I’ve finally completed my project - a whole year in the making - of reimagining all 10 of Kate Bush’s studio albums as collections of books. The image above is the The Red Shoes print. But the project began this time last year with Hounds of Love (below).
When I made this print, of my favourite Kate Bush album, I thought I’d leave it there and carry on making other prints of my favourite albums by various artists. But no, I couldn’t resist making a print of The Sensual World:
But then, why not make a print of The Kick Inside too? And so…
I think it was at this stage that I began to think about covering all of Kate Bush’s studio albums. I like sets of prints, I like the way they sit together or maybe don’t, I like noticing differences between prints in groups, and so a group of ten prints became an enticing prospect. Aerial was next:
I decided that I’d take the colour cues for these prints from each album’s artwork (Aerial's bright oranges, umbers and yellows being, I think, a particularly successful example). At the same time, I wanted them all to hold to a kind of central palette. What better way to test this than with perhaps the most grey/black album cover in the Kate Bush oeuvre, 50 Words For Snow:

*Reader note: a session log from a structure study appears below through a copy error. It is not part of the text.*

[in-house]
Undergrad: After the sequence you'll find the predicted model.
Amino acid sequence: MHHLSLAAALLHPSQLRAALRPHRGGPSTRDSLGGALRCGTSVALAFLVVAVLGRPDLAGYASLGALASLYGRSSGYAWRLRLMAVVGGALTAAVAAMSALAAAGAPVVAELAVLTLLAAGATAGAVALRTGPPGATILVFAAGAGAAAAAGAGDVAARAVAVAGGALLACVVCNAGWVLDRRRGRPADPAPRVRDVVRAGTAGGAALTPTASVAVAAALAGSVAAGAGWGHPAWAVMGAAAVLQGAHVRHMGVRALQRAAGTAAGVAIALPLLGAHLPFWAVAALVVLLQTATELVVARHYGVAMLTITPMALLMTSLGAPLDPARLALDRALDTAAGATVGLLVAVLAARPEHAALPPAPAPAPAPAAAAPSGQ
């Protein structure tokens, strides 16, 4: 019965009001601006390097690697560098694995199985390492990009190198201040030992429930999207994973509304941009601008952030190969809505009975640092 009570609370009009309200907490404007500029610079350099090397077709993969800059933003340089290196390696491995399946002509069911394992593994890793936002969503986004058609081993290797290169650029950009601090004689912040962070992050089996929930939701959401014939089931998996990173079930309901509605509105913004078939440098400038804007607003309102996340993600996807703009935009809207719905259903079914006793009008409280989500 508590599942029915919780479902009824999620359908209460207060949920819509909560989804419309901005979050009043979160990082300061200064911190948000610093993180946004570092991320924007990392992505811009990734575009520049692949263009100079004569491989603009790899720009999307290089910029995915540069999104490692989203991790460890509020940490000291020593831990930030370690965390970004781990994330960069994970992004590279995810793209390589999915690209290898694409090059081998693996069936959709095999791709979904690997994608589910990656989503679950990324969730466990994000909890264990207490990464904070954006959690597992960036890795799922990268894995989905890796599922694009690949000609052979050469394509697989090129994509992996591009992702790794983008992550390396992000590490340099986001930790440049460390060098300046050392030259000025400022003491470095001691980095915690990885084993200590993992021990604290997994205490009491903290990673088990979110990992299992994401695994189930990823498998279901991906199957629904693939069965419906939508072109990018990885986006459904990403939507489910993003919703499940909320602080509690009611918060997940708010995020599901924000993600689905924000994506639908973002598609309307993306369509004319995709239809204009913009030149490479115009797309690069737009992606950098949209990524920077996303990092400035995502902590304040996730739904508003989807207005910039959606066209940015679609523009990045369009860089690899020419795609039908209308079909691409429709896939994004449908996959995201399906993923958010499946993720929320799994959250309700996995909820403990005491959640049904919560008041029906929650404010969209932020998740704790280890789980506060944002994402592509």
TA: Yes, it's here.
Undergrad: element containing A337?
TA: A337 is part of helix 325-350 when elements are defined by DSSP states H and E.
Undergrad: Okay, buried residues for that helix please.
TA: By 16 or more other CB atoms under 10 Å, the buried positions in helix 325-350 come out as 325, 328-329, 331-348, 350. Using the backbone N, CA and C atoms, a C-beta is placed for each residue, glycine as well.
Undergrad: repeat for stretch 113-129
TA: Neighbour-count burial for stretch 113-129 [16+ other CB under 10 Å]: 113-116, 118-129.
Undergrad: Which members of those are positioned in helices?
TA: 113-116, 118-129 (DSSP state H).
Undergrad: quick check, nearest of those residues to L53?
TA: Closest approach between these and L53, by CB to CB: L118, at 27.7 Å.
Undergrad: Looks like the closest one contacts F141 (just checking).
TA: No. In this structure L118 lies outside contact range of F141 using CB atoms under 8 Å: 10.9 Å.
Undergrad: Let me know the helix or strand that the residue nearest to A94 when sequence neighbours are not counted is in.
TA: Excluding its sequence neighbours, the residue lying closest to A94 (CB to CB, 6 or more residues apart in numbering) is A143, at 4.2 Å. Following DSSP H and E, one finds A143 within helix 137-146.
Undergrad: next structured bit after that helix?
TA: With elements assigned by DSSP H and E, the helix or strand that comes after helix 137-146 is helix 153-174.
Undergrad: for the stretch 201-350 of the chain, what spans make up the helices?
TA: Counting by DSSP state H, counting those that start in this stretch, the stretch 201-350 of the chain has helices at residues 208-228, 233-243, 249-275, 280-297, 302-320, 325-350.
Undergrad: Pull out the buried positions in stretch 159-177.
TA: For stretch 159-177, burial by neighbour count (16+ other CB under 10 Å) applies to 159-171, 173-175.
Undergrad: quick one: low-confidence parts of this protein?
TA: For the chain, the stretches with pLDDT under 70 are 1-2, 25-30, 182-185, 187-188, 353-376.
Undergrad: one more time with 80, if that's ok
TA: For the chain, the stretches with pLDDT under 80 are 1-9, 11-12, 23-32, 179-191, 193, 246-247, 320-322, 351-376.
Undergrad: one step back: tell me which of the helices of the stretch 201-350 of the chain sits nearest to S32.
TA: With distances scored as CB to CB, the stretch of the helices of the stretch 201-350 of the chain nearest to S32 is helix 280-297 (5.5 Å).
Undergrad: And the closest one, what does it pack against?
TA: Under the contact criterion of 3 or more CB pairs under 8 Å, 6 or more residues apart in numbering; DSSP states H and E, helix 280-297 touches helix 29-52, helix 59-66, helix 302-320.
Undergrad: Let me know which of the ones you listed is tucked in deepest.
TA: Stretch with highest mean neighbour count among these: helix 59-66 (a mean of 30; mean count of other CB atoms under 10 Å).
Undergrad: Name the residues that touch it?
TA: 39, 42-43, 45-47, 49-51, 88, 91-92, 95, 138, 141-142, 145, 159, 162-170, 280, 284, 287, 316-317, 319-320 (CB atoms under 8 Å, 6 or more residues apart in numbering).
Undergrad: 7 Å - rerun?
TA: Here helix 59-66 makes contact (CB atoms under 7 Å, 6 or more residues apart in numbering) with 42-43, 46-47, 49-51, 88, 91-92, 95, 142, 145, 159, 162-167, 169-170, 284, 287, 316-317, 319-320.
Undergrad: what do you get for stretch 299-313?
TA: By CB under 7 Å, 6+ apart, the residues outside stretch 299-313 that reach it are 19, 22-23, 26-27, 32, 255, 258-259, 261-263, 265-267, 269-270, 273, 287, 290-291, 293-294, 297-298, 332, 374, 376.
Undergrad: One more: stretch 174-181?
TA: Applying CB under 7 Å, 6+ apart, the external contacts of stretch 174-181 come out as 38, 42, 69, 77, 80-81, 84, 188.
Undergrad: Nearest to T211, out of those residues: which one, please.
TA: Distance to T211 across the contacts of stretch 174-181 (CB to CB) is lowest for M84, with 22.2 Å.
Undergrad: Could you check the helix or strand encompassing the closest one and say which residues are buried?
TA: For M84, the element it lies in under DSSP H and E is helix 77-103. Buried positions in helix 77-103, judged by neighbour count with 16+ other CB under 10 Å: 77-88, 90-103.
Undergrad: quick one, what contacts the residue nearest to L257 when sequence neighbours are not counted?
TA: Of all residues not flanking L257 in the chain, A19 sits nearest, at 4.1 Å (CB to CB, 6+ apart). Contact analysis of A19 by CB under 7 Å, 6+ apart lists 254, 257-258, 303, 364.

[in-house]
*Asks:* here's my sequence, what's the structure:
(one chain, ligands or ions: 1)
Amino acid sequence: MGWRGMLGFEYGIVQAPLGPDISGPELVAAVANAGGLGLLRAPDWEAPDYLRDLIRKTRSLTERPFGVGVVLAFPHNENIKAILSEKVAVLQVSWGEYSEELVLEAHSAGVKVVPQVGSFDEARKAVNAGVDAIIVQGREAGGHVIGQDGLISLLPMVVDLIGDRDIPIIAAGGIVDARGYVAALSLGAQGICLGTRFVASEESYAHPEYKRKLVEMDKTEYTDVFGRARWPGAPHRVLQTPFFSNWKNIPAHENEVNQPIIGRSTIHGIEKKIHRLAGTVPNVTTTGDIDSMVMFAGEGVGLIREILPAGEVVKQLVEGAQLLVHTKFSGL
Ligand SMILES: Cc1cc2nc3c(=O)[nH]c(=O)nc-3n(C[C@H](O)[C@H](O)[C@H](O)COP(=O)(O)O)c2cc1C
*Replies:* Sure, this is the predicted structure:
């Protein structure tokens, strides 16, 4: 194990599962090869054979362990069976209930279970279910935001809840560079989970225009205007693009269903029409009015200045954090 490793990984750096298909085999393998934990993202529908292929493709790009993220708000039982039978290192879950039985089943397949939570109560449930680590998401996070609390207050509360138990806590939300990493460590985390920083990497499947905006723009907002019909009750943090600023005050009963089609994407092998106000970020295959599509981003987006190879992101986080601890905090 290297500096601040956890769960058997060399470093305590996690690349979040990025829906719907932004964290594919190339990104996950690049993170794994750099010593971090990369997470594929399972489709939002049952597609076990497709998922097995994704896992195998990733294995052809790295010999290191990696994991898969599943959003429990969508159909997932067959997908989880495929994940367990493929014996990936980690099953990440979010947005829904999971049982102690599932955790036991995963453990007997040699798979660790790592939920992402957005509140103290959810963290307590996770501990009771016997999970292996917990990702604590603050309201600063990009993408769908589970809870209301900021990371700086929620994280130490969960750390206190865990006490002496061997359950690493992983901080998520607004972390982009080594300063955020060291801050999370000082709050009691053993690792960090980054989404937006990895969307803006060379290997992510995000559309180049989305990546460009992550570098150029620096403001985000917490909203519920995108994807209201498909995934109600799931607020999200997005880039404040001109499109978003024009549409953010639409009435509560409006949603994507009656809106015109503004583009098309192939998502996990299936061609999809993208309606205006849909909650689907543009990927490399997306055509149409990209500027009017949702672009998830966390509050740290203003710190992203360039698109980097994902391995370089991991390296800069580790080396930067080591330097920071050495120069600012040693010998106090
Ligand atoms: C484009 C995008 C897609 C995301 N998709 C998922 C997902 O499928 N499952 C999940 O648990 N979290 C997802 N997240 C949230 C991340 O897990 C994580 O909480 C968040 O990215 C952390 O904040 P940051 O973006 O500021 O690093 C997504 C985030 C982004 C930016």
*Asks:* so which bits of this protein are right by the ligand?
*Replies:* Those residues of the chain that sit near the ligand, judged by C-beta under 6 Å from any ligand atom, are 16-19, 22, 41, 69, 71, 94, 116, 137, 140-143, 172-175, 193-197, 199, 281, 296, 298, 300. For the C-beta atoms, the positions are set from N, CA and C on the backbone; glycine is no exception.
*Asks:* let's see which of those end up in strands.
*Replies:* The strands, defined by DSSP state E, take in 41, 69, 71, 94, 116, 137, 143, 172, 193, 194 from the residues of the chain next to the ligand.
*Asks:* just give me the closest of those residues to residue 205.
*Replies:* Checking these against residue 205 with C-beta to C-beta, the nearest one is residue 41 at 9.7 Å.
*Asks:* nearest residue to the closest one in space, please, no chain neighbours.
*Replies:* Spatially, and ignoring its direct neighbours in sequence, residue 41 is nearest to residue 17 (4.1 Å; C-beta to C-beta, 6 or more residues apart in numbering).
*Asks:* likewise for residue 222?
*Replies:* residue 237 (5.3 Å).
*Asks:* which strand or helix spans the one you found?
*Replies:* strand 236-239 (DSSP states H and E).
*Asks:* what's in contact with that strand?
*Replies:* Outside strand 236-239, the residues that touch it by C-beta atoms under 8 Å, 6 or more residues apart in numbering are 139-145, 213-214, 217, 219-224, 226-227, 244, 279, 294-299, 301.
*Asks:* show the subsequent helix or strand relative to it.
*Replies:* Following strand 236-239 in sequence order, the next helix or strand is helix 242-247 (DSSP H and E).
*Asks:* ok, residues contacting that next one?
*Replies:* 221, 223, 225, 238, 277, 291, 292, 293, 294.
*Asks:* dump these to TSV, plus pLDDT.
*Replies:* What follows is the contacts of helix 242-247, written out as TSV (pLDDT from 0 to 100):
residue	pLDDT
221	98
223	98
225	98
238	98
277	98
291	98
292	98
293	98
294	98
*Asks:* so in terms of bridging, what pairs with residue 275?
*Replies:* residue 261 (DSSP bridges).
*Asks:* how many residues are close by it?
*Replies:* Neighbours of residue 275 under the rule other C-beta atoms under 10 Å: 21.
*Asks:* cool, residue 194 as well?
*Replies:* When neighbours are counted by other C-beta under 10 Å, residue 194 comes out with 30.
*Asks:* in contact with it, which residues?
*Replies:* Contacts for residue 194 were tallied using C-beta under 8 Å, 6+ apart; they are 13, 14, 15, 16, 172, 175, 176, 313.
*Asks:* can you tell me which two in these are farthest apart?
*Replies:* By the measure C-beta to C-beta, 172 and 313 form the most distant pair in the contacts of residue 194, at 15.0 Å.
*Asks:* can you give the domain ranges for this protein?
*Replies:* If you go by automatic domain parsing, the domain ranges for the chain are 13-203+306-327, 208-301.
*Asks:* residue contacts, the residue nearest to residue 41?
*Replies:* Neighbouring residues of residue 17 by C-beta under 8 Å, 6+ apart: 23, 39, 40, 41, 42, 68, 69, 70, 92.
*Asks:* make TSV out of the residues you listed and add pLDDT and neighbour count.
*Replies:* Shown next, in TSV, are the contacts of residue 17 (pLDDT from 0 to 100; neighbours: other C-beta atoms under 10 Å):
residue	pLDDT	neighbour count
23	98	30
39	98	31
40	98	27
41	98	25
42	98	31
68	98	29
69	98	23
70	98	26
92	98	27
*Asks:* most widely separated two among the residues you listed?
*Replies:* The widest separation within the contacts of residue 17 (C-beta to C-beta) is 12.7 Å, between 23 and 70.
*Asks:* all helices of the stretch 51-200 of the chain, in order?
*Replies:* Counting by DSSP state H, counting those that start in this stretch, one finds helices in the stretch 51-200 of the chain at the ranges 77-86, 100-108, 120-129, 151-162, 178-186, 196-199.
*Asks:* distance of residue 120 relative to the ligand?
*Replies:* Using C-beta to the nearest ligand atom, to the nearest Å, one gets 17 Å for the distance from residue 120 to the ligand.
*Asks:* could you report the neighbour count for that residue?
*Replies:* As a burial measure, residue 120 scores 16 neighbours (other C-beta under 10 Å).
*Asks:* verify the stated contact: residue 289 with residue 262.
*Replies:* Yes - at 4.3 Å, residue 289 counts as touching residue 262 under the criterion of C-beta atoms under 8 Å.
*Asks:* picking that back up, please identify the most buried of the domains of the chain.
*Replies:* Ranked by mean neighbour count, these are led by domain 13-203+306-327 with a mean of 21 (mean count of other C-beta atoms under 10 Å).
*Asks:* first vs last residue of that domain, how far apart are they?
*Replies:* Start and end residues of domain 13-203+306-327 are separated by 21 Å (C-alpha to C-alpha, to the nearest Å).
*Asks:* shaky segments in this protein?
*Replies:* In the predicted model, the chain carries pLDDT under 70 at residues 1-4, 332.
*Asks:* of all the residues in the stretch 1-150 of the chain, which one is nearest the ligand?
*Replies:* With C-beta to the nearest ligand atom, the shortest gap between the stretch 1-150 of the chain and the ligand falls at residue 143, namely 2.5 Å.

Here I was able to keep in enough warmth (through the agedness of the books and the way sunlight on them over the years has in some ways warmed them) that it fitted in with the rest of the prints. Back to direct warmth, though, with Lionheart, which includes one spine that directly alludes to the pattern on the wallpaper in the background of the cover photograph (well, an approximation thereof anyway):
After this, it had to be Never For Ever:
The Red Shoes came next (but you’ve already seen that at the top of this post). Two more to do: Director’s Cut and The Dreaming. With Director’s Cut I wanted a set of colour rhythms that would echo the sprocket holes in the celluloid film seen in the cover photo, as well as its cold-warm-ness:
The last print was The Dreaming. How appropriate that, for an album that caused Kate Bush such problems in production, this print was an absolute devil to balance. I went through at least 10 proofs trying to get the close tones of the books I’d photographed to relate to the sepia-plus-orange-plus-green of the original album cover photo. But perseverance pays off:
…and the whole thing has a slight late-1930s look to me, which I like.
So there you are. A year’s work. The prints are available in the Standard Designs Etsy shop.